More than 2500 NSW electricity jobs to be slashed
ELECTRICAL workers at Ausgrid, Endeavour Energy and Essential Energy have been told the New South Wales networks plan to slash a total of 2749 jobs from September this year.
Staff have been given one week to consult on the proposals, which include forced redundancies and reduced severance payouts to employees who "involuntarily" leave.
The bulk of the job losses will occur at regional electricity provider Essential Energy, which has proposed to cut 1395 positions.
The companies plan to cut jobs in two phases - the first beginning in September and the rest from October - in response to the Australian Energy Regulator's $324 million reduction of their annual profit margins.
Networks NSW chief Vince Graham said the AER ruling had left the three companies with 2750 unfunded jobs, costing $30 million a month.
Essential Energy plans to make 1395 staff redundant, with 700 in the first phase, Ausgrid has 1100 jobs on the chopping block - 600 in the first phase - and Endeavour Energy has proposed slashing 254 positions, starting with 120 in September.
TransGrid, which operates the high-voltage transmission lines across NSW, has said it will not be cutting any jobs.
Electrical Trade Union NSW branch secretary Steve Butler said the companies already had their "hit lists".
"These companies have said that the first staff to go will be those who have previously been redeployed, along with those whose job is being discontinued at a particular location," Mr Butler said.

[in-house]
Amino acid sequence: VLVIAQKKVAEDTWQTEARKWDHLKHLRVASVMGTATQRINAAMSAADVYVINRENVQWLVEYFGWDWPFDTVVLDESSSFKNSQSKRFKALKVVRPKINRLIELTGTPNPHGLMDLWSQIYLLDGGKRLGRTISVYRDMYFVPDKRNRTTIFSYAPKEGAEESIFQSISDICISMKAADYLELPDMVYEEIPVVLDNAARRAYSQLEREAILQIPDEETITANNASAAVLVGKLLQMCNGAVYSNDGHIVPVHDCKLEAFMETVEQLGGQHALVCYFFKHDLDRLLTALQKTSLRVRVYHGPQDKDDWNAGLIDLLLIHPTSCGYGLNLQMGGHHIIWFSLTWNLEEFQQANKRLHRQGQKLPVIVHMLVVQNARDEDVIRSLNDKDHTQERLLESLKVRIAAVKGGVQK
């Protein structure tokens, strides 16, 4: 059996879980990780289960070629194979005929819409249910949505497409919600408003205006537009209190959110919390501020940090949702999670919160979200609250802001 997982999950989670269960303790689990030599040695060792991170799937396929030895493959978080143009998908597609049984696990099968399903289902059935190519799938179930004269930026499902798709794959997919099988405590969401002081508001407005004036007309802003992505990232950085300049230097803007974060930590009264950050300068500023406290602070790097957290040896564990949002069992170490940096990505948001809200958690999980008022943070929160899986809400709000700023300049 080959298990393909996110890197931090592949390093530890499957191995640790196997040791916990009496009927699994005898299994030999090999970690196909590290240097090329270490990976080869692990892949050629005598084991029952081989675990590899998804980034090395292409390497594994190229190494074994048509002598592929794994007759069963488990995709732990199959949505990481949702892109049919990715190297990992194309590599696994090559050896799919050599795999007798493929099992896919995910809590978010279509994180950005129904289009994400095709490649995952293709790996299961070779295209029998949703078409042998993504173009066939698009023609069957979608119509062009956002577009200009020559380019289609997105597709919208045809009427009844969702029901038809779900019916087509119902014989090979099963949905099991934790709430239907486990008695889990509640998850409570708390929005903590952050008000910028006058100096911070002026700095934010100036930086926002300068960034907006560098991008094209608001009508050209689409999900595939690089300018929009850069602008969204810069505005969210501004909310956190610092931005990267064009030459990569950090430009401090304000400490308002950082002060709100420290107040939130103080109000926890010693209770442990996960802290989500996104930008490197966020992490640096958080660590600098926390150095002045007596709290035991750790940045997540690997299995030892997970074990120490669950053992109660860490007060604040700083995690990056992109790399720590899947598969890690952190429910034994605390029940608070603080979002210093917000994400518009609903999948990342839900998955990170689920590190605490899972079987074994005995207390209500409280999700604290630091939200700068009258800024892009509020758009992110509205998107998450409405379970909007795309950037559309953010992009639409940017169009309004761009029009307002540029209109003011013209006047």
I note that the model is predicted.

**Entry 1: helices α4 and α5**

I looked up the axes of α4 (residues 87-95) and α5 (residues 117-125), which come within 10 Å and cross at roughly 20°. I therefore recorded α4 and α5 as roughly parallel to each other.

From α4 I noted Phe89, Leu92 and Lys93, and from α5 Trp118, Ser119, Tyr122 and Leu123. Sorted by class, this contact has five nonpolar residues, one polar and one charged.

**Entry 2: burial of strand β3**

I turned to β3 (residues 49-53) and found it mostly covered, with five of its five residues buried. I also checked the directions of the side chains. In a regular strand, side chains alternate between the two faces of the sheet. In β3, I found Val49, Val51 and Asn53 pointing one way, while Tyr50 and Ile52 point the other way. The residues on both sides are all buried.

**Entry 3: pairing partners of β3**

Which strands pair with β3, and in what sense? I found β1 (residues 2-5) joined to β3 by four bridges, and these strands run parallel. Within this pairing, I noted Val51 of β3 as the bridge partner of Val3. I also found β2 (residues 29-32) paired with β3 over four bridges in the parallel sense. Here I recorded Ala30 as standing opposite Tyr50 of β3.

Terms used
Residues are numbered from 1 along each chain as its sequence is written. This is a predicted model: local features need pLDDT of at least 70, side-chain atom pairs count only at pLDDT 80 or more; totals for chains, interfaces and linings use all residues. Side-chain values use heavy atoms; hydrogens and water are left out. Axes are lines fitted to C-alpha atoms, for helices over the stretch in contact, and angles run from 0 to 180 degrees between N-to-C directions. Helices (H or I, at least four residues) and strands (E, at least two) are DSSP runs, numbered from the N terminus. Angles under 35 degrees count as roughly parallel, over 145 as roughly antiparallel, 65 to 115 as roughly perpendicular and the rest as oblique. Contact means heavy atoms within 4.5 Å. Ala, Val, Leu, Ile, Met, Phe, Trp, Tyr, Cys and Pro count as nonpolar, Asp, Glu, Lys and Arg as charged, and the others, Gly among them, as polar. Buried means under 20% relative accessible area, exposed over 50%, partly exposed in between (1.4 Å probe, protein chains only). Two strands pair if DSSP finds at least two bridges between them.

"They have also revealed they already know who these employees are - so there's a hit list of staff who are to lose their jobs, yet employees have no idea if they are on it.
"For the remaining job cuts, the companies have said a 'merit-based selection' will be used, essentially requiring all employees to reapply for their existing jobs, with management cherry-picking who can stay and who will go."
Mr Butler said a 44-year-old linesman employed by Ausgrid for 25 years would currently be entitled to a voluntary redundancy package worth 87 weeks' pay.
He said if the employee chose to keep working under the proposed new scheme but was then made to take a forced redundancy, his payment would be hacked back to 16 weeks.
"This policy of not only imposing forced redundancies but paying much lower severance packages for them is particularly nasty," he said.
- APN NEWSDESK